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Health Services Research & Development

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2008 HSR&D National Meeting Abstract

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National Meeting 2008

1045 — Heart Failure Network of VA Providers: An Innovative Strategy for Implementation

Sahay A (Chronic Heart Failure (CHF) QUERI), Massie BM (CHF QUERI), Heidenreich PA (CHF QUERI)

Objectives:
Social networks are a valuable tool for information sharing and to identify key actors - such as opinion leaders or local champions, and to identify subgroups within larger systems. These invisible social networks, as described by Rogers’ diffusion of innovation theory, significantly affect performance and innovation. Heart failure (HF) is associated with high mortality and poor quality of life. Moreover, it is the most common medical reason for admission within and outside of the VA health care system. An initial goal of the Chronic Heart Failure Quality Enhancement Research Initiative (CHF-QUERI) was to form a HF Network of VA providers to 1) understand local perception of the need to improve care, 2) understand barriers to improved care, and 3) implement proven health services interventions. Such a HF Network could provide the opportunity to identify and involve opinion leaders and/or local champions at the VA facilities to initiate innovation as well as influence non-adopters.

Methods:
With support from VA’s Patient Care Services, CHF QUERI initiated the HF Network – a network of VA providers interested in improving HF care. Providers include Chiefs of Medicine, Chiefs of Cardiology, clinicians, researchers, NPs, PAs, etc. from VA Medical Centers and VA Health Care Systems. This network was initiated with a single email to all known heads of medicine or cardiology. We asked that the invitation be forwarded to all interested providers. The initial plans for the network included bi-monthly live meetings, annual in-person meetings at a major heart failure conference, and periodic web and email-based surveys.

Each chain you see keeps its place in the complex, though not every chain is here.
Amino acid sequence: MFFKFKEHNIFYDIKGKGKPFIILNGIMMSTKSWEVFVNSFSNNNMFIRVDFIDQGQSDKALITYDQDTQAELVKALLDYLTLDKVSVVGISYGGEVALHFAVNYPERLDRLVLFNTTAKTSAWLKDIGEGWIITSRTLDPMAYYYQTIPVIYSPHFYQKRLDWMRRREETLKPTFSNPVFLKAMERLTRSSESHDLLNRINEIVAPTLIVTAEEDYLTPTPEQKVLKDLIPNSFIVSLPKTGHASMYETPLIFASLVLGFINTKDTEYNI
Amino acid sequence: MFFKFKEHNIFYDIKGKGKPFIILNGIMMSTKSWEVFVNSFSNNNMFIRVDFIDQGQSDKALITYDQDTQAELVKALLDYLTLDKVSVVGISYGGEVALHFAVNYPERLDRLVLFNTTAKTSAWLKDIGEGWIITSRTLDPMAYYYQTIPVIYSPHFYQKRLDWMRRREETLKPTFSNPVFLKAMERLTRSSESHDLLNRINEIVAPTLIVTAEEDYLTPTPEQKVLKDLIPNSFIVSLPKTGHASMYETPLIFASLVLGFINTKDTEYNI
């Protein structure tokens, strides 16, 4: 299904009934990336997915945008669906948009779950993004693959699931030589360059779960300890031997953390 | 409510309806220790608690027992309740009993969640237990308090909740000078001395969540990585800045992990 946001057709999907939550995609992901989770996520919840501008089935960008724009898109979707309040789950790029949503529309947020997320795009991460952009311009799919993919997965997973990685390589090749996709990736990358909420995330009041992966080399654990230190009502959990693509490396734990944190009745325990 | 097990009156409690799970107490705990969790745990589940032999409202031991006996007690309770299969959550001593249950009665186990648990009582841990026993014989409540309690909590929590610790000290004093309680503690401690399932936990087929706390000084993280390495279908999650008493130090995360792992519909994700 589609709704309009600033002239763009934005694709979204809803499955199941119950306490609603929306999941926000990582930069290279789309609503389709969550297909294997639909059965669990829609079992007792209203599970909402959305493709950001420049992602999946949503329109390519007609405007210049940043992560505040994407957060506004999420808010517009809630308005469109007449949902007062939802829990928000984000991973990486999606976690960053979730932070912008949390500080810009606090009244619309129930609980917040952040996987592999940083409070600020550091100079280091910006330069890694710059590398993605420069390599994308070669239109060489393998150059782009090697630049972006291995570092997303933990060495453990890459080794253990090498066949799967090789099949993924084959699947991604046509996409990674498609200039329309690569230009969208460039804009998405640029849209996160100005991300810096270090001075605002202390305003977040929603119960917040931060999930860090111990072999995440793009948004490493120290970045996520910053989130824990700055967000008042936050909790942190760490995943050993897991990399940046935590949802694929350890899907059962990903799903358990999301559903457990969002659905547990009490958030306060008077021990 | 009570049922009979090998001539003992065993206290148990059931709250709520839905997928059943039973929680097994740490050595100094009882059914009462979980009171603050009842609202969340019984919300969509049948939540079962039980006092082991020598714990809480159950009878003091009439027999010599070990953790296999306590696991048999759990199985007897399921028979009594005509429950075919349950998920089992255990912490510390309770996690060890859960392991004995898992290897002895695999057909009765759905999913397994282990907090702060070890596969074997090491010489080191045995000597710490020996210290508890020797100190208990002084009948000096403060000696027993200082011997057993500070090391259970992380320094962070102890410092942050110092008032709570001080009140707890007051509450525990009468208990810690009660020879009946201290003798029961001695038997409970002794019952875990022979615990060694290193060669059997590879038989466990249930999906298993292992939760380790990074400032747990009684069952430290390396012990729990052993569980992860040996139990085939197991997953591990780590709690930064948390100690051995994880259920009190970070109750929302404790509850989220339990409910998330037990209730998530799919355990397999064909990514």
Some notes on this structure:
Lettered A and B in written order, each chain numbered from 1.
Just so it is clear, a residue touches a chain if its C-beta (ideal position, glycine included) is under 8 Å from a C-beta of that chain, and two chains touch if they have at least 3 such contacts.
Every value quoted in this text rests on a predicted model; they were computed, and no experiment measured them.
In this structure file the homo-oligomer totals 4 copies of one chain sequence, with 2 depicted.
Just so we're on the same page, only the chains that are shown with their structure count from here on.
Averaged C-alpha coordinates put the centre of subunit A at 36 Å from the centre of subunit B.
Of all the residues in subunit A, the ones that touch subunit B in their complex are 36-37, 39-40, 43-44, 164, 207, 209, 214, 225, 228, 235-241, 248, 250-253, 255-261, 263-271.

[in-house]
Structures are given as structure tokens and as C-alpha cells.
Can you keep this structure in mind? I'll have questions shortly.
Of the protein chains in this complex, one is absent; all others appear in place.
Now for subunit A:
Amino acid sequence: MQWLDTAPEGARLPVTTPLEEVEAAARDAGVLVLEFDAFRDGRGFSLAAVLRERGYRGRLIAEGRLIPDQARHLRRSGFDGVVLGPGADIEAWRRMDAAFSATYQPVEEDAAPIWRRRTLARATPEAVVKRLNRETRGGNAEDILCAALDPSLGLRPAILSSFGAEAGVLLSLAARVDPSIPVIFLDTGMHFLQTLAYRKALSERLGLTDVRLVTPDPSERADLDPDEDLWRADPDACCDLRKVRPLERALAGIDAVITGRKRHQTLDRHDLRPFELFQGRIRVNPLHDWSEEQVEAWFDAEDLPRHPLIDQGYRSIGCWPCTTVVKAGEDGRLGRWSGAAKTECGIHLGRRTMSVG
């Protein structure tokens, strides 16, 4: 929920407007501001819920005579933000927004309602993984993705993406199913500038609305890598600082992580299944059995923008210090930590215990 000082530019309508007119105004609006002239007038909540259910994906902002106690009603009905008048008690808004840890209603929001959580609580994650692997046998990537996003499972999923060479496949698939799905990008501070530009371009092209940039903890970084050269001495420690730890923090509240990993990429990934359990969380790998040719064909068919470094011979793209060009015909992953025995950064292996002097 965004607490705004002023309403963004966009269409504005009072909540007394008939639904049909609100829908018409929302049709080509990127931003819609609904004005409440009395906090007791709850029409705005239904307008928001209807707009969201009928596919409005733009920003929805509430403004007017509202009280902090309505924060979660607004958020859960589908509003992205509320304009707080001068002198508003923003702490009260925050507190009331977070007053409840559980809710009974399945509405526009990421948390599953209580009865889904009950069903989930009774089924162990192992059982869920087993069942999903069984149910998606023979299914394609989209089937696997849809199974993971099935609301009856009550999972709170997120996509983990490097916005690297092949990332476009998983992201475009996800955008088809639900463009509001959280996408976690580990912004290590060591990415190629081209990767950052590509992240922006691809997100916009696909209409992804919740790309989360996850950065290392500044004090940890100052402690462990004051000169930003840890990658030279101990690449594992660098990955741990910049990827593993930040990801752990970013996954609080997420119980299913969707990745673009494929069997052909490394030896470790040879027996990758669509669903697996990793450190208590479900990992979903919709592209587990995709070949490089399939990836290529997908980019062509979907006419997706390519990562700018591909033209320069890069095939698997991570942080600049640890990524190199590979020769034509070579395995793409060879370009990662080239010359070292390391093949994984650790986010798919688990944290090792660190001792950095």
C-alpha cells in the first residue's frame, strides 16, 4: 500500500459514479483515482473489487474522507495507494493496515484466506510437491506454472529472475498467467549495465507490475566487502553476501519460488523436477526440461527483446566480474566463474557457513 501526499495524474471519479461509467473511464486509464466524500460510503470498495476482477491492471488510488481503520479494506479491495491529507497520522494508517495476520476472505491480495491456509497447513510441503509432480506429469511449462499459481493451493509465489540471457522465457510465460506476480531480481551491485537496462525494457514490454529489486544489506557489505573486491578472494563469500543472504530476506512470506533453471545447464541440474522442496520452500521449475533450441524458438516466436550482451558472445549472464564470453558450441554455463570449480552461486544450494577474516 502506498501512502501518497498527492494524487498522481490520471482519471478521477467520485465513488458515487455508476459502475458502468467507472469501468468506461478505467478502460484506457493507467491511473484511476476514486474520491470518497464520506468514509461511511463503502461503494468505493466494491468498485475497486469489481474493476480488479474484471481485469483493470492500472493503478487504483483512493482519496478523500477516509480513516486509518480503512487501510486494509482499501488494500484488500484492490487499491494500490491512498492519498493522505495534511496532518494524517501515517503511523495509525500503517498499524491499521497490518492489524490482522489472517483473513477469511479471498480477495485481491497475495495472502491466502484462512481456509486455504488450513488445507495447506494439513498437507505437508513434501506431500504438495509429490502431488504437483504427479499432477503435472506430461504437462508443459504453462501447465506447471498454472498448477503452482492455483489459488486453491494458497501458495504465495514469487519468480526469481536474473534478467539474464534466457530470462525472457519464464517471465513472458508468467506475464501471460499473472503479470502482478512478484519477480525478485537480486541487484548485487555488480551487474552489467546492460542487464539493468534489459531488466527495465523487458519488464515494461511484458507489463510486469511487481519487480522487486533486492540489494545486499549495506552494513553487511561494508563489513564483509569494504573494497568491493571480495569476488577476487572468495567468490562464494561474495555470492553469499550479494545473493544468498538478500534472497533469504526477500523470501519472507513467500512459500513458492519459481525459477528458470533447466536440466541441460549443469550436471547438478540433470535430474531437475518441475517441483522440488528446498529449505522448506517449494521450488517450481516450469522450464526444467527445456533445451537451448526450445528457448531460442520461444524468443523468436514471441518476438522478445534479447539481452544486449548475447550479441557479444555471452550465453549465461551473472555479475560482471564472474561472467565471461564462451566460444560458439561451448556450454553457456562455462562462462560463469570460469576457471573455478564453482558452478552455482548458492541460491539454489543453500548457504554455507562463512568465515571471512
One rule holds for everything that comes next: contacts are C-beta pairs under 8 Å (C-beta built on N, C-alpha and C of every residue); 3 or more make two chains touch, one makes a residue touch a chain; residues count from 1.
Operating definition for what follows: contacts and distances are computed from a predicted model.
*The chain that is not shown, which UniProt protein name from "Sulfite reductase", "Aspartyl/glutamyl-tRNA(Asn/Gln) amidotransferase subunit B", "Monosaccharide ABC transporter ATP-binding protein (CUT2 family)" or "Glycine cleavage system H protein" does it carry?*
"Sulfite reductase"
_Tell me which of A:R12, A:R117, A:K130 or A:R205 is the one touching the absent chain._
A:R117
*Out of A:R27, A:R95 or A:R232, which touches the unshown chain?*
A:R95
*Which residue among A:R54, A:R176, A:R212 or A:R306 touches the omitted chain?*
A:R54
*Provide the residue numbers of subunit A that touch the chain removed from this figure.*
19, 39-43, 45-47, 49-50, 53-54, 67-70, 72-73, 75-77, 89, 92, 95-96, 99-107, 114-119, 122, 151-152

Results:
Fifteen months after the initial introductory email, over 330 providers from 146 facilities are participating in the HF Network. Analysis shows that 1-8 members participate from each facility. Main achievements are: 245 (72%) members actively participate in live meetings and/or conference calls; 8 members have presented HF programs at their facilities focusing discussions on barriers and facilitators; 16 proposals have been submitted/funded establishing new affiliations; 3 ideas initiated by members are being discussed at VISN and national levels; an echocardiographer sub-network has been formed; and support of the Institute for Health Improvement’s 5 Million Lives Campaign has resulted in projects including a collaborative on early follow-up after discharge for patients with heart failure.

Implications:
Involvement and active participation of the HF Network members is crucial to achieve the goals, particularly for the implementation of the projects at any level.

Impacts:
Such networks will be an innovative strategy for implementation to improve care of patients.


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